Return on investment figures, which are commonly used by vendors to justify the value of their products, are meaningless -- especially when it comes to security, claims Bruce Schneier.
In his opening keynote at linux.conf.au last month, the security guru called ROI figures "complete bullshit". In a video interview, Schneier explained to ZDNet.com.au why these cost justifications make no sense.
"If you ever see one of those ROI models, what they do is measure the cost of an attack and then multiply by the probability of an attack to give you how much money you should spend.
"This fails when you have very, very rare and very, very expensive events because you are effectively multiplying zero by infinity. If you have taken any infinity theory, which I don't recommend, multiplying zero by infinity gives you every number," said Schneier.
He explained that the amount spent on a product can change significantly by simply playing with the equation.
"If the chance of you being attacked is one in a million and I change it to one in two million ... I have halved the amount of money you should spend.
"Maybe your reputation is worth [US]$20 million, or maybe it is only worth [US]$10 million, or maybe it is worth [US]$40 million. Suddenly I can completely perturb your budget -- because the numbers are so big and so small that minor changes ... make huge changes to the product.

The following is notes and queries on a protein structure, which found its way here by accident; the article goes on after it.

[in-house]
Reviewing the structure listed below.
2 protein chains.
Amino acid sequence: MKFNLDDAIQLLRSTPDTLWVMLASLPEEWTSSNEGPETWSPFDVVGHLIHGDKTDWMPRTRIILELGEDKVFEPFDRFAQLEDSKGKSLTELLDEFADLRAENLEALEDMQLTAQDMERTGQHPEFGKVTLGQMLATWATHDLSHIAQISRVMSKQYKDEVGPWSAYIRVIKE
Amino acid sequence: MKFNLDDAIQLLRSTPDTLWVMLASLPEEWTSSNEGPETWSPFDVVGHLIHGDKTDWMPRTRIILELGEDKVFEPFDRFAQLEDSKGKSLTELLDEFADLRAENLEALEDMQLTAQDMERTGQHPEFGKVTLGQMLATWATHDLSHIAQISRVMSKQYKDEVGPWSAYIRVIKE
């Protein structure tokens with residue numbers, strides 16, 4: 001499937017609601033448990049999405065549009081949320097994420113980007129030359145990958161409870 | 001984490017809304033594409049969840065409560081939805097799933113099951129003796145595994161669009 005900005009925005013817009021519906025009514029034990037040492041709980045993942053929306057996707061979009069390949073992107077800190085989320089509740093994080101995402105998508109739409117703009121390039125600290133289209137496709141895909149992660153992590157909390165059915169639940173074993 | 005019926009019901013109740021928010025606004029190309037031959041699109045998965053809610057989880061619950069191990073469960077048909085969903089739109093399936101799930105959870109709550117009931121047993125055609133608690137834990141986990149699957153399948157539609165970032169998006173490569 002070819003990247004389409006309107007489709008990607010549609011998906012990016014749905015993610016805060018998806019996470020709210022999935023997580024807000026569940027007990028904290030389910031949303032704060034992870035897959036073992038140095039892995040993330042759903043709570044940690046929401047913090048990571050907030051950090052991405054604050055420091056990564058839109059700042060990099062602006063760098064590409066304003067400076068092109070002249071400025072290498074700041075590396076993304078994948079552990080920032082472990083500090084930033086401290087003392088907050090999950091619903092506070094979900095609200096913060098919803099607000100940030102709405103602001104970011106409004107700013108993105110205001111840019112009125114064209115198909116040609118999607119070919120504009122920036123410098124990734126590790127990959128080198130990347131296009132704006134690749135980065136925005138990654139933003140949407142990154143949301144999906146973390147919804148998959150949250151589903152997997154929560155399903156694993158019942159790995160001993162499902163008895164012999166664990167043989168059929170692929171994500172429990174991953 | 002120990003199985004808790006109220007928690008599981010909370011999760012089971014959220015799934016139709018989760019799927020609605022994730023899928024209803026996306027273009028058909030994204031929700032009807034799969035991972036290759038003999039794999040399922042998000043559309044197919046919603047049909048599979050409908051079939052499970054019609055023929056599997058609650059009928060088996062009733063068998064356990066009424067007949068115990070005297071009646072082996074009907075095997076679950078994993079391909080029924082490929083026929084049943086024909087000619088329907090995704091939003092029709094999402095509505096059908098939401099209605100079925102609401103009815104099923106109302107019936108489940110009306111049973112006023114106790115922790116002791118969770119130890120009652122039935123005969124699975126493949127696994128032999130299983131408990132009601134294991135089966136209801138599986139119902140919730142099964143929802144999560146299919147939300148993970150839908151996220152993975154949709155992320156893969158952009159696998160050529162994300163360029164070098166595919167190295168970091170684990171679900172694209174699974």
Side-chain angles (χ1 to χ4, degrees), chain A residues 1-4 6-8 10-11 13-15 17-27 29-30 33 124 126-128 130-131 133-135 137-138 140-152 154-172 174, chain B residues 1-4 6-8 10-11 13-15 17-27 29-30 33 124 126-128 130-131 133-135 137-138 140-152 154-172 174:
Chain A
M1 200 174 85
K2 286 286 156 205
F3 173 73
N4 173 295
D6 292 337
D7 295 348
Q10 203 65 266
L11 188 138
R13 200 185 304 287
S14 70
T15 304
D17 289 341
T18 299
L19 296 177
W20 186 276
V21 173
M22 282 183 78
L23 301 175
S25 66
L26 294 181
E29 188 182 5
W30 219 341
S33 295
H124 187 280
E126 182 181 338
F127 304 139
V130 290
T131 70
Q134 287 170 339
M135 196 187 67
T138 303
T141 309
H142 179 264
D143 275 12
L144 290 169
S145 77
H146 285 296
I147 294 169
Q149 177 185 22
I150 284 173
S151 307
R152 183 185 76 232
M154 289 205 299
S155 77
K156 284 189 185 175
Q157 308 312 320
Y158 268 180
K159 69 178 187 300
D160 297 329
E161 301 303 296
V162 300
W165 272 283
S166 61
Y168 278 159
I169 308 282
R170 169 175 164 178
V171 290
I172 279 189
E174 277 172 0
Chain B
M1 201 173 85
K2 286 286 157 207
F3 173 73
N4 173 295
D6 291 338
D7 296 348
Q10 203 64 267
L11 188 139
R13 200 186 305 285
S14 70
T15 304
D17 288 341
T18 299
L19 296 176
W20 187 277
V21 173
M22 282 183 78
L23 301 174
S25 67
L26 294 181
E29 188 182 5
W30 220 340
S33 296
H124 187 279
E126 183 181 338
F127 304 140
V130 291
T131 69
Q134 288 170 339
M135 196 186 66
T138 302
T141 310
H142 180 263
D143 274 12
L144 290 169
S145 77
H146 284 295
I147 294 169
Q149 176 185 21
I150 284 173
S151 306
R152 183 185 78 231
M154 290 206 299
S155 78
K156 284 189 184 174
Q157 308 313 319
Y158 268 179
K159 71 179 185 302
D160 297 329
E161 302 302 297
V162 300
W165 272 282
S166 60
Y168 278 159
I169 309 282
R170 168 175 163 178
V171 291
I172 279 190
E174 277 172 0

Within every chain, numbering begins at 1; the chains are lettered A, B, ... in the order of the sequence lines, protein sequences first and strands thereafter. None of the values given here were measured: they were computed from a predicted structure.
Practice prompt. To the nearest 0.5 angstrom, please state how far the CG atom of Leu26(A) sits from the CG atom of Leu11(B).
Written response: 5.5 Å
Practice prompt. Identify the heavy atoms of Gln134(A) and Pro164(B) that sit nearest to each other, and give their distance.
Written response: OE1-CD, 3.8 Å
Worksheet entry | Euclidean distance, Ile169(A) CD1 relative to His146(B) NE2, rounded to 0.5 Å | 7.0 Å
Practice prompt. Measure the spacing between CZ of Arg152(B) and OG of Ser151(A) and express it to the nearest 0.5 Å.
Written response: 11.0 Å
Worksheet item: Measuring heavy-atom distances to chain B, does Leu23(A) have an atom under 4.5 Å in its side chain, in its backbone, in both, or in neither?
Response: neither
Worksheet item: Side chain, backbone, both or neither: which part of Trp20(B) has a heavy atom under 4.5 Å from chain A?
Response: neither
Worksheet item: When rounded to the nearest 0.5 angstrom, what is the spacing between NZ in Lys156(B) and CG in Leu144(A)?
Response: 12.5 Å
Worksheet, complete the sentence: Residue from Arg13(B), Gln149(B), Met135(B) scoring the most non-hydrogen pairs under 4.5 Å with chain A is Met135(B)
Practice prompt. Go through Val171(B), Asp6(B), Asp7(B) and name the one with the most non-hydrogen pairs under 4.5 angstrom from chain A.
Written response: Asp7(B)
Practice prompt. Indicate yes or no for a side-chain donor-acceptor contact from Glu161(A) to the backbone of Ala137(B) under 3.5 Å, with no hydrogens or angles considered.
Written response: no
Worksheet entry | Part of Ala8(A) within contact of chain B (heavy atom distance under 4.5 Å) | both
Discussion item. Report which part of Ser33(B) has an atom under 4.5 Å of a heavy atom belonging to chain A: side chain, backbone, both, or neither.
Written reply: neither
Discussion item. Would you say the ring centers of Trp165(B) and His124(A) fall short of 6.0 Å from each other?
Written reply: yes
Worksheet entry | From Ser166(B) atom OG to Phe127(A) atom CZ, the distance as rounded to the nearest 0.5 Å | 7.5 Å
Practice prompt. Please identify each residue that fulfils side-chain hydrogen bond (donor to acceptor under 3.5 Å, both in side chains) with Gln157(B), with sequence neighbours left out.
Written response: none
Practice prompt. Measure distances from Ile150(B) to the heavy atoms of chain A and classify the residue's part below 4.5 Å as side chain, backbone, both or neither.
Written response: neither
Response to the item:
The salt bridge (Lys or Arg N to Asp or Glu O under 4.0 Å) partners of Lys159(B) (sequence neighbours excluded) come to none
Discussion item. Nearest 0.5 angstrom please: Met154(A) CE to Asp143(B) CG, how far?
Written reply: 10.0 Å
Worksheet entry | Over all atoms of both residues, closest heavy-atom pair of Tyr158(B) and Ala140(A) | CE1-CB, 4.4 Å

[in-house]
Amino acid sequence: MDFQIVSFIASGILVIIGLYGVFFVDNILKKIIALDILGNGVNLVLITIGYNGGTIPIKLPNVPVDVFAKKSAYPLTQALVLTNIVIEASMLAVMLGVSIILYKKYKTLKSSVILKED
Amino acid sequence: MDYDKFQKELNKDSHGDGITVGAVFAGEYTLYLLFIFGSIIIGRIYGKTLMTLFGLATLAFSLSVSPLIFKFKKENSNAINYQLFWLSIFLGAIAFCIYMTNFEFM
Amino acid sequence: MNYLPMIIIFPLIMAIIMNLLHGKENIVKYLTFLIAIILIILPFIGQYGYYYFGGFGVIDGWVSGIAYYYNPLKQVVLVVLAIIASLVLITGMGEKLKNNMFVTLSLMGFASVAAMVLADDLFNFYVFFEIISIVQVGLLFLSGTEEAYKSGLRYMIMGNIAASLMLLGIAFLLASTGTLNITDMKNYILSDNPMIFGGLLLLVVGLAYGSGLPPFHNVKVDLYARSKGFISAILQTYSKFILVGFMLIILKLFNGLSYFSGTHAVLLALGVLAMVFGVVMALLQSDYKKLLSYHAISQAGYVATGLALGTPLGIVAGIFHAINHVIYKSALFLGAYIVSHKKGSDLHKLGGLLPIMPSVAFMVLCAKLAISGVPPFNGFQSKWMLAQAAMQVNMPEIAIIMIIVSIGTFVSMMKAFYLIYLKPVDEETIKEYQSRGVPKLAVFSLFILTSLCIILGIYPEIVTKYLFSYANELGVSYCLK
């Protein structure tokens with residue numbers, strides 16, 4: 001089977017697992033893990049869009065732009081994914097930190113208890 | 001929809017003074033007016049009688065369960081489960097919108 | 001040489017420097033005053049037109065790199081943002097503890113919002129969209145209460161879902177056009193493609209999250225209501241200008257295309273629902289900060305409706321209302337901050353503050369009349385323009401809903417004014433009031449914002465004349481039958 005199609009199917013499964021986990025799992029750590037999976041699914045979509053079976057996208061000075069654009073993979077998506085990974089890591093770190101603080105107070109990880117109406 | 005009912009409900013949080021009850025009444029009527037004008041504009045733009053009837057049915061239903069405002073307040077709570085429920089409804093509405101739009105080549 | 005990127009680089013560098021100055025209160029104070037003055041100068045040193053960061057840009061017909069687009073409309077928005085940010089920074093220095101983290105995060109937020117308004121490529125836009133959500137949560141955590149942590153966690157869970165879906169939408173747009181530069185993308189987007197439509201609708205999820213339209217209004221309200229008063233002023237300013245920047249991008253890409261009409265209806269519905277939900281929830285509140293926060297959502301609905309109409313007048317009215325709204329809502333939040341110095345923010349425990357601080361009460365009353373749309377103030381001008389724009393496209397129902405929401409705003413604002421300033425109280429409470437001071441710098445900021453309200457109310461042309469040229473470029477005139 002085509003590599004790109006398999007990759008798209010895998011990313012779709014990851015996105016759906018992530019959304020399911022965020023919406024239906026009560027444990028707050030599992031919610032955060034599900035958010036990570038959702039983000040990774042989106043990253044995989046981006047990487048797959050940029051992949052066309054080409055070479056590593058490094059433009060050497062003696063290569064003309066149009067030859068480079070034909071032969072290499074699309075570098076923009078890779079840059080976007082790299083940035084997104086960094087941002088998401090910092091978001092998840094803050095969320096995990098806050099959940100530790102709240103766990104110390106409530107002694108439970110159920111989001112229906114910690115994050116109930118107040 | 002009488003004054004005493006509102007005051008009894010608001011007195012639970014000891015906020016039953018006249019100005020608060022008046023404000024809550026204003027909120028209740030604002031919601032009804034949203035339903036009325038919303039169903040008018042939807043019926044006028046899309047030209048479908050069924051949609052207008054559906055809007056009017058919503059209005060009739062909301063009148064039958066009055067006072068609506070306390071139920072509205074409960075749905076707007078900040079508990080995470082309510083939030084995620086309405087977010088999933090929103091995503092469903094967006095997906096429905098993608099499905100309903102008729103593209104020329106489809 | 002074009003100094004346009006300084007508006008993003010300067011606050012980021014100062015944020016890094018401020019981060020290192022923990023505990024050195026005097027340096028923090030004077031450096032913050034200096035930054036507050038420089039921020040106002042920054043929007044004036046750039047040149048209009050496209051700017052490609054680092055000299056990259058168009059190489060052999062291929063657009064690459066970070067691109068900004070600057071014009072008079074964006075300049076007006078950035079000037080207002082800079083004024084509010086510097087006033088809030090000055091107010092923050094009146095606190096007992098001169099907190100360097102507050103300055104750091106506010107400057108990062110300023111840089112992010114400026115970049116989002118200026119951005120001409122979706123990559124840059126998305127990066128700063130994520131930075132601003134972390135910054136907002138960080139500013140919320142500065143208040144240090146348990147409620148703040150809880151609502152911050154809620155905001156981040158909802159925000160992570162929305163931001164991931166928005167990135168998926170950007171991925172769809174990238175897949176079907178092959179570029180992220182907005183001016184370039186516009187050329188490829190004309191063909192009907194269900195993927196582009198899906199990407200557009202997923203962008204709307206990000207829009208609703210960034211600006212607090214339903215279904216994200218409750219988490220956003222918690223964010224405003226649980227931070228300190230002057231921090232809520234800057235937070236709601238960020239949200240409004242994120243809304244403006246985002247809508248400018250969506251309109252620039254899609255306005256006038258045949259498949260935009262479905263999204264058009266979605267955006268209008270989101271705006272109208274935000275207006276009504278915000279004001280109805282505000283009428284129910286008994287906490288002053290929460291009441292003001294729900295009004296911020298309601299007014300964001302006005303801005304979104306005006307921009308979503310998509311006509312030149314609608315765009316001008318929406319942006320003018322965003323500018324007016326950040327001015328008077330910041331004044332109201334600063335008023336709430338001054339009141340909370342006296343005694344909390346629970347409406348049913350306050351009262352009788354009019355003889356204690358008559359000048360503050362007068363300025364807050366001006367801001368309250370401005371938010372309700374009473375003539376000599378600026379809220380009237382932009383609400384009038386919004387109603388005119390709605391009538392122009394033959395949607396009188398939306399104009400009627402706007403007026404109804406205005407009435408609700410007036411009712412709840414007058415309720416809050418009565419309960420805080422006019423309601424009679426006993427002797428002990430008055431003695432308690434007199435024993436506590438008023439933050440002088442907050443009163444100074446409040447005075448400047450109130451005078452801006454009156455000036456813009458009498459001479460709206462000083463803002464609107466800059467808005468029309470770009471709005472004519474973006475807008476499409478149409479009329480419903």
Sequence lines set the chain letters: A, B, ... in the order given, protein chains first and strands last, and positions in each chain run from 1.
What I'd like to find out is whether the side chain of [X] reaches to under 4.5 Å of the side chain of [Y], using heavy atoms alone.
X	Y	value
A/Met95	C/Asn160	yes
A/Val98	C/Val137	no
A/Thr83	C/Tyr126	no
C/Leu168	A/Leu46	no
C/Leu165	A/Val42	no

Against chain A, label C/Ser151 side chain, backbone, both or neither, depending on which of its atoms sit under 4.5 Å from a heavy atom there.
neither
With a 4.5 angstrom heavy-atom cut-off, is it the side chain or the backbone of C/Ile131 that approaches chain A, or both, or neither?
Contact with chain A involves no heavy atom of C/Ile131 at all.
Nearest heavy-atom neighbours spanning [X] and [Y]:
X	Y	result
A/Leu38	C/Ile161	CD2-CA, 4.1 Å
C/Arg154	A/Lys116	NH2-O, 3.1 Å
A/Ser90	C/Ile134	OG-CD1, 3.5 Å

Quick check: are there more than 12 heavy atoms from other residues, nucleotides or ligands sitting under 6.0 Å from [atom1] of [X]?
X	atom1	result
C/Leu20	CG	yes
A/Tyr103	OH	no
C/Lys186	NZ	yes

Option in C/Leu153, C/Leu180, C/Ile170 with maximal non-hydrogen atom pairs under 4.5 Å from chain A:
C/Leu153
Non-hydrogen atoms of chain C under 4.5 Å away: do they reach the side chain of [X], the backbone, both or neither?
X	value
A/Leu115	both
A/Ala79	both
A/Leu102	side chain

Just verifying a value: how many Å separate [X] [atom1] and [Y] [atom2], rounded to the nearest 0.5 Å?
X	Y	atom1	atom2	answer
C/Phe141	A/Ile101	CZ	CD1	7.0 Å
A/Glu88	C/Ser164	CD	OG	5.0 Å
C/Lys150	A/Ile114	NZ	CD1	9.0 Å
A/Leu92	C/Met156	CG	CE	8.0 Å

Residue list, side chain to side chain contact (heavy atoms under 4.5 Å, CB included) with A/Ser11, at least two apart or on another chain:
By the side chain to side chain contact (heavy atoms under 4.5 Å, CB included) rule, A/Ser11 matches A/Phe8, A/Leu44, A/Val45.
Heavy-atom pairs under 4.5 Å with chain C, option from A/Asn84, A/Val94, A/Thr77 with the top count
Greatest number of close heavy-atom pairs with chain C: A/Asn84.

"I can make an ROI model say whatever I want. I could justify or not justify anything based on these very, very rare and very, very damaging events," he said.
Schneier also explained why many "bad" security products outsell "good" security products.
"We are in a market where the average consumer -- even a savvy IT consumer -- can't tell the difference between a good product and a bad product.
"It is easy for functional requirements -- if you want to know if your word processor does italics, you just check if it does italics. Functional requirements are easy to test. It is the non-functional requirements that all end in a 'y' -- security, reliability, useability.
"So most people, companies, organisations, can't tell the difference between a good product and a bad product and they are forced to rely on the seller. In those markets -- they're called Lemon's markets -- bad products drive out good products because bad products are cheaper," he added.